Mention Svalbard and most people think of polar bears. Made famous by movies like Golden Compass, the 'Kingdom of the Ice Bear' has a lot more to offer than the chance to see a polar bear in the wild. This high latitude archipelago of several mountainous islands have over 1000 polar bears breeding here but it is a big place and they hunt far and wide. Also known as Spitsbergen, Svalbard is a photographers dream location and we run special photography voyages here - Spiky mountain ranges, glaciers, unusual wildlife like walrus and orca, long fjords to anchor in and fantastic light conditions.
|Vessel||Start Date||End Date||Start Port||End Port||Price|
|Antigua||Longyearbyen, Svalbard||Longyearbyen, Svalbard||Fully booked|
Spitsbergen Arctic Summer Voyages
Svalbard sits deep in the Arctic Circle at 78 degrees Latitude. Only 650 miles from the North Pole, this incredible wilderness offers sheltered fjords for many different wind directions and dramatic coastal sailing. Accessible via Norway or Iceland the Svalbard Archipelago is the most Northerly sailing ground for Classic Sailing sailing ships. In addition to trips around Svalbard we have Arctic ocean voyages between Iceland and Svalbard and eastwards from Svalbard to Bear Island and the Lofoten Islands on Northern Norway.
Surrounded by open water in summer it is warmer than similar Arctic mainland locations at the same latitude so it has a vital role as a breeding ground for many seabirds, and also supports polar bears, reindeer and marine mammals. Six national parks protect the largely untouched, yet fragile environment, and the icefields and steep mountains still provide an untouched safe haven for wildlife. The largest island of Spitsbergen (Spitzbergen if you are German or Dutch) is the only inhabited one - and the airport at Longyearbyen is a gateway for most visitors and guest crews joining our tall ships. If you have more time you can also sail there with Classic Sailing.
Svalbard Sailing Specialists
Dutch owned tall ship 'Antigua' is our Svalbard specialist, and has been sailing to this high arctic archipelago every summer and autumn for over 10 years.
Wildlife guides will be on hand so that you get the most from your voyage, and there is also a 'Photography special' departure, making use of the natural light in September.
Read more about sailing on Antigua from Andy's blog:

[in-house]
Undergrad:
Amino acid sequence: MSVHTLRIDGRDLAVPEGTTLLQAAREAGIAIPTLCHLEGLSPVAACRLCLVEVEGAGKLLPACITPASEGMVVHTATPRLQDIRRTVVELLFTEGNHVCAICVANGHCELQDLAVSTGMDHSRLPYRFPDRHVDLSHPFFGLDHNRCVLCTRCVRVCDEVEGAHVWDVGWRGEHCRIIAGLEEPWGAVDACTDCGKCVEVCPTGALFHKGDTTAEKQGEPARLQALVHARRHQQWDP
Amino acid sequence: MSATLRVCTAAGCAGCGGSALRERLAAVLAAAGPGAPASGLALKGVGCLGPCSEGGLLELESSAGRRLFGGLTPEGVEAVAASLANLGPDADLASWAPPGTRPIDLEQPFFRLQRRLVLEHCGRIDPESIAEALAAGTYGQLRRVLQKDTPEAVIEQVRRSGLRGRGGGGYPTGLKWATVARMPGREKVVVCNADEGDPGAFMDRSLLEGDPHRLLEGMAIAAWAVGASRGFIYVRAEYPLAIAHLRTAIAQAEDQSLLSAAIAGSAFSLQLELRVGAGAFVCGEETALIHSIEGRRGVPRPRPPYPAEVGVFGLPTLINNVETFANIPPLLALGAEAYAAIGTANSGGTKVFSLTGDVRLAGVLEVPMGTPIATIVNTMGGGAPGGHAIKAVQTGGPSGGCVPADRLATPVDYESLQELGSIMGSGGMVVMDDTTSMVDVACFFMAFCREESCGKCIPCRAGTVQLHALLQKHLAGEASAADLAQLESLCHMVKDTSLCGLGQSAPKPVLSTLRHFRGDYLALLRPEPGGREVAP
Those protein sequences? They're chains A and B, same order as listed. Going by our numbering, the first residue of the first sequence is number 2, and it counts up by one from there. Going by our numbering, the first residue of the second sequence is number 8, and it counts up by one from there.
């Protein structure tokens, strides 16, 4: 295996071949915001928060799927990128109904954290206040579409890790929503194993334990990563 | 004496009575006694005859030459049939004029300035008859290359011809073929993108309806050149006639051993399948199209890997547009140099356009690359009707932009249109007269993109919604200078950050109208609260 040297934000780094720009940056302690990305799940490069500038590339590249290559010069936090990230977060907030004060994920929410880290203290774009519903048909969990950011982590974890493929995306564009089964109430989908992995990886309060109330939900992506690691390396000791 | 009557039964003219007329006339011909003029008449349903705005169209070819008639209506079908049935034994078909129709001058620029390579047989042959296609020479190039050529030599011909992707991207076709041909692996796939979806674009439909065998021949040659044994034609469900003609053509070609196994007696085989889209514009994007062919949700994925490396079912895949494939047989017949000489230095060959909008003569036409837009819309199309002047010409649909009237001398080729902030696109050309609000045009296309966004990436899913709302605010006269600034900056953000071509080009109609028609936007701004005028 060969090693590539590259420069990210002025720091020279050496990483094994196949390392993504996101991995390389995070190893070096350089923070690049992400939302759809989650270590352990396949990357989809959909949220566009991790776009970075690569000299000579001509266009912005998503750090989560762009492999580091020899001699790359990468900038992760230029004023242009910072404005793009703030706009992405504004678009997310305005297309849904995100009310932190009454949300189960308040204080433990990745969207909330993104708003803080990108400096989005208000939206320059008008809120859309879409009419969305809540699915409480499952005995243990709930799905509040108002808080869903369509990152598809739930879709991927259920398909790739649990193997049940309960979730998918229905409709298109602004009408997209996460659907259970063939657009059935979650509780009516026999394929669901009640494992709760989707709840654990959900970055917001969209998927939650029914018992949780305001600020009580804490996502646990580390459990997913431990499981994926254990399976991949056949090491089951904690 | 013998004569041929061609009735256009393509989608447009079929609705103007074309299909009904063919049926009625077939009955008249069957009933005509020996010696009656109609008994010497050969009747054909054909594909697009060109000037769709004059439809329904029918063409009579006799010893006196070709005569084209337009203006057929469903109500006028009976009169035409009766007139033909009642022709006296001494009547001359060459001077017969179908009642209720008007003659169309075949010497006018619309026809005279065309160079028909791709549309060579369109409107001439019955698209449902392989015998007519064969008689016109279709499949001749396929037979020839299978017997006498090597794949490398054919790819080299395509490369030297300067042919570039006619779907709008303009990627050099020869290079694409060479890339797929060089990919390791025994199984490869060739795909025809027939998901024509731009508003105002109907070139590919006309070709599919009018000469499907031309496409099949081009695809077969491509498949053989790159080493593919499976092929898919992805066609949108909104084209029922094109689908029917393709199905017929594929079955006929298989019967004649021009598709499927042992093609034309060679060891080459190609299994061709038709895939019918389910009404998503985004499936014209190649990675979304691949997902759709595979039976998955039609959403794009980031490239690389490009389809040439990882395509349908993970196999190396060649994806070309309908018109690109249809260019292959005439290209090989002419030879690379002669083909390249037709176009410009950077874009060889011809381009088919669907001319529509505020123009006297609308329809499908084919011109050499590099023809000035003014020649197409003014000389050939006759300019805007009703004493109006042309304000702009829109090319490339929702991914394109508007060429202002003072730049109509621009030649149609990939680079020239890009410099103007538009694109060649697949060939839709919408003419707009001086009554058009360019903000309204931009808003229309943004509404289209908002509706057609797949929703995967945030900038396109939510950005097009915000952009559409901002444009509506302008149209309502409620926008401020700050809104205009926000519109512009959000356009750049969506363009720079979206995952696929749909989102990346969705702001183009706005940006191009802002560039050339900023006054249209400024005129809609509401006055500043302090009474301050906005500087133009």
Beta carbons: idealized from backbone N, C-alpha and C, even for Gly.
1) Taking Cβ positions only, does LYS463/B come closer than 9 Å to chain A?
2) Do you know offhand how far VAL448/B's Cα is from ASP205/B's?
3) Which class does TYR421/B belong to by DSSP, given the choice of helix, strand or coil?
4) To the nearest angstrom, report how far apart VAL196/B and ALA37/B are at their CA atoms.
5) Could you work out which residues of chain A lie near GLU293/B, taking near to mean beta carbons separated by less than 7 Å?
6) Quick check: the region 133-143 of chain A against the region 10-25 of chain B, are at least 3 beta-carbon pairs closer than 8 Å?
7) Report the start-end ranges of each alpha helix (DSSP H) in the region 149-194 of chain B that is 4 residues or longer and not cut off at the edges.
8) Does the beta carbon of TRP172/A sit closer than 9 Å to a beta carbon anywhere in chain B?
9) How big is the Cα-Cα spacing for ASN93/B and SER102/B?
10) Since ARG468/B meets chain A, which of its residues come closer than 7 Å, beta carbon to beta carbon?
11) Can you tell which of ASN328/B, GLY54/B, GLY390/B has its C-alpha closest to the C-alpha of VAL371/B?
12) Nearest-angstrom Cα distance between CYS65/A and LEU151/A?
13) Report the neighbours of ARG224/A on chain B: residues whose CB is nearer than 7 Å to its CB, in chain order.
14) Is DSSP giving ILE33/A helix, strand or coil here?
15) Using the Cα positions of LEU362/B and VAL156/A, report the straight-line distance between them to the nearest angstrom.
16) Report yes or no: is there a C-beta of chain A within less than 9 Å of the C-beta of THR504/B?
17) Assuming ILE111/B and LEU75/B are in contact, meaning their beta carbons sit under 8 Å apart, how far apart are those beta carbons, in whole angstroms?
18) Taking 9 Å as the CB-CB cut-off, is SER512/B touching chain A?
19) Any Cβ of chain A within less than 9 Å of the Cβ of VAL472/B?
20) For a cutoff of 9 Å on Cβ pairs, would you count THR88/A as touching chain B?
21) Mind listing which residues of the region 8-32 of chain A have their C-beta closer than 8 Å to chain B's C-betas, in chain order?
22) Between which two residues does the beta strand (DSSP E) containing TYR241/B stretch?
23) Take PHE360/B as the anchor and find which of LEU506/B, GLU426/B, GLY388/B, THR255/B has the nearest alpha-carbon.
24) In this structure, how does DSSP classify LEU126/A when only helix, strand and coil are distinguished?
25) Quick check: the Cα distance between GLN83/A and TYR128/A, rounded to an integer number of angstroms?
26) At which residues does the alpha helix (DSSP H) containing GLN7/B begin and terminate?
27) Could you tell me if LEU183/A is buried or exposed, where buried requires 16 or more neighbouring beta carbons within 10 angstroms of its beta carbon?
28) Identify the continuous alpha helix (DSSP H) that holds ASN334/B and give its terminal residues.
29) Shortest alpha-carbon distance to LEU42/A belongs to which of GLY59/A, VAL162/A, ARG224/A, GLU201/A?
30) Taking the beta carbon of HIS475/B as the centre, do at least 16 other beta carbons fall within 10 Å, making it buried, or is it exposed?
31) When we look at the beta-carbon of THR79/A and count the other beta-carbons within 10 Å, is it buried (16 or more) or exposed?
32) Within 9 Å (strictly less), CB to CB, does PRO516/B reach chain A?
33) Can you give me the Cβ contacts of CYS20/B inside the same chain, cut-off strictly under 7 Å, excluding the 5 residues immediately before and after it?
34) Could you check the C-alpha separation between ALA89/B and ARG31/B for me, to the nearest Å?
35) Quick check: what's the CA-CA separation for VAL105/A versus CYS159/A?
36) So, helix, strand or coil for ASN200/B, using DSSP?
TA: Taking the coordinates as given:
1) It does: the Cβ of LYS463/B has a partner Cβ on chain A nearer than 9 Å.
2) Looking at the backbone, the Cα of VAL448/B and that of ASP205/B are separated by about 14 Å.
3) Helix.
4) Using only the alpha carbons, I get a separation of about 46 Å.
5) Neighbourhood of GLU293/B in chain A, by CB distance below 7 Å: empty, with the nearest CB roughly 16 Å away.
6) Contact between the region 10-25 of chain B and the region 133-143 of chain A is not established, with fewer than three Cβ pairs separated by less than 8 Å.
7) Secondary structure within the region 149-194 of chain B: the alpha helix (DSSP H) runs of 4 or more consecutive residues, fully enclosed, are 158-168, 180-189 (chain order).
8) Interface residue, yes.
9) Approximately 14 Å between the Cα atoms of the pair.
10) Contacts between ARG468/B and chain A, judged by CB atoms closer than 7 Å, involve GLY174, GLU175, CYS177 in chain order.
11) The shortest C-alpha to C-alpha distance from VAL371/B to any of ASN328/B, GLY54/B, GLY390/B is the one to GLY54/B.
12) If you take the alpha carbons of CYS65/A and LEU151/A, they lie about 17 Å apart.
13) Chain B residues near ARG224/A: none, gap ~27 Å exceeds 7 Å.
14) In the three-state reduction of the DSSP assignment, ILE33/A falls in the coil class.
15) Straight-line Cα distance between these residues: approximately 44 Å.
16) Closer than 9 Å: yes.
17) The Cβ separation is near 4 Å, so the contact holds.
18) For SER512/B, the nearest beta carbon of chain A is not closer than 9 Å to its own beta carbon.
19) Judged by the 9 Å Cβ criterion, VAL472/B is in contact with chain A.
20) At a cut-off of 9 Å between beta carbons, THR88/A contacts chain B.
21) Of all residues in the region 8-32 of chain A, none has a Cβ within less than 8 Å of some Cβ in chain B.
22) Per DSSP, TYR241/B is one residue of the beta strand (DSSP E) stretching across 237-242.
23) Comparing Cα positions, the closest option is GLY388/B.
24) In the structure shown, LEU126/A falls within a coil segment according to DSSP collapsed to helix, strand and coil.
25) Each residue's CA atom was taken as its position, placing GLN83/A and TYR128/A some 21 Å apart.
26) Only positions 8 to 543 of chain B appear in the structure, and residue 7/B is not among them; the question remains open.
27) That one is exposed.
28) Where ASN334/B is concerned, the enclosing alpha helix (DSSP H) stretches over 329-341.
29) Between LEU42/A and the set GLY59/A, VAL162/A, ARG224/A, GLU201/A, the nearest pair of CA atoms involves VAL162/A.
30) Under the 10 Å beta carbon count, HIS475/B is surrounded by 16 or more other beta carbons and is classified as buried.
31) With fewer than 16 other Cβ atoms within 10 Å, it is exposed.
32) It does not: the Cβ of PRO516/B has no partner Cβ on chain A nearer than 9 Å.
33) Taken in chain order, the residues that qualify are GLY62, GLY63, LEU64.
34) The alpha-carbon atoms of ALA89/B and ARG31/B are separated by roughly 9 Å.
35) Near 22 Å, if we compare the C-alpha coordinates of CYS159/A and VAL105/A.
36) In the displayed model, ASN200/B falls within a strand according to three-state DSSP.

"POLAR BEAR! POLAR BEAR!’. It’s the excitable voice of our expedition leader Andreas. A loud commotion in the gangway outside my cabin. The clock reads 1am. I pull on my clothes over my pyjamas, zip up my jacket and race up on deck where I’m joined by 20 other excited passengers. Bright sunlight reflects off the icy water blinding me for a second...."
In the Wake of Polar Explorers - Spitsbergen / Svalbard
In 1596 Willem Barentsz discovered snow covered mountains 600 miles further north than Norway and called it Spitsbergen. The archipelago is now called Svalbard. Once the haunt of whalers it draws wilderness lovers to its immense glaciers and intrepid sailors to its long fjords once the coastline is free of ice.
Northern Lights & Walks Ashore with Guides
Only 1000km from the North Pole, this raw, beautiful archipelago is enclosed in pack ice for most the year. In the Arctic summer the ice retreats and it teems with wildlife and flowers, the sun shines for 24hours. By September you may see Northern Lights. Enjoy remote anchorages, walks ashore with experienced wildlife guides and sailing amongst different types of ice depending on the voyage dates.
Polar Bears & Walrus
Sixty percent of the land is glaciated but clinging to seacliffs are enormous breeding colonies of seabirds. On land arctic foxes, reindeer and polar bears roam (guides carry rifles as a precaution). At sea many types of whales, walrus and seals can be sighted. Antigua has a library and regular lectures are held in the lounge to learn more.
There are over 1000 polar bear on the island of Spitsbergen alone. Rare wildlife sightings from Antigua include a white humpback whale, belugas, orca.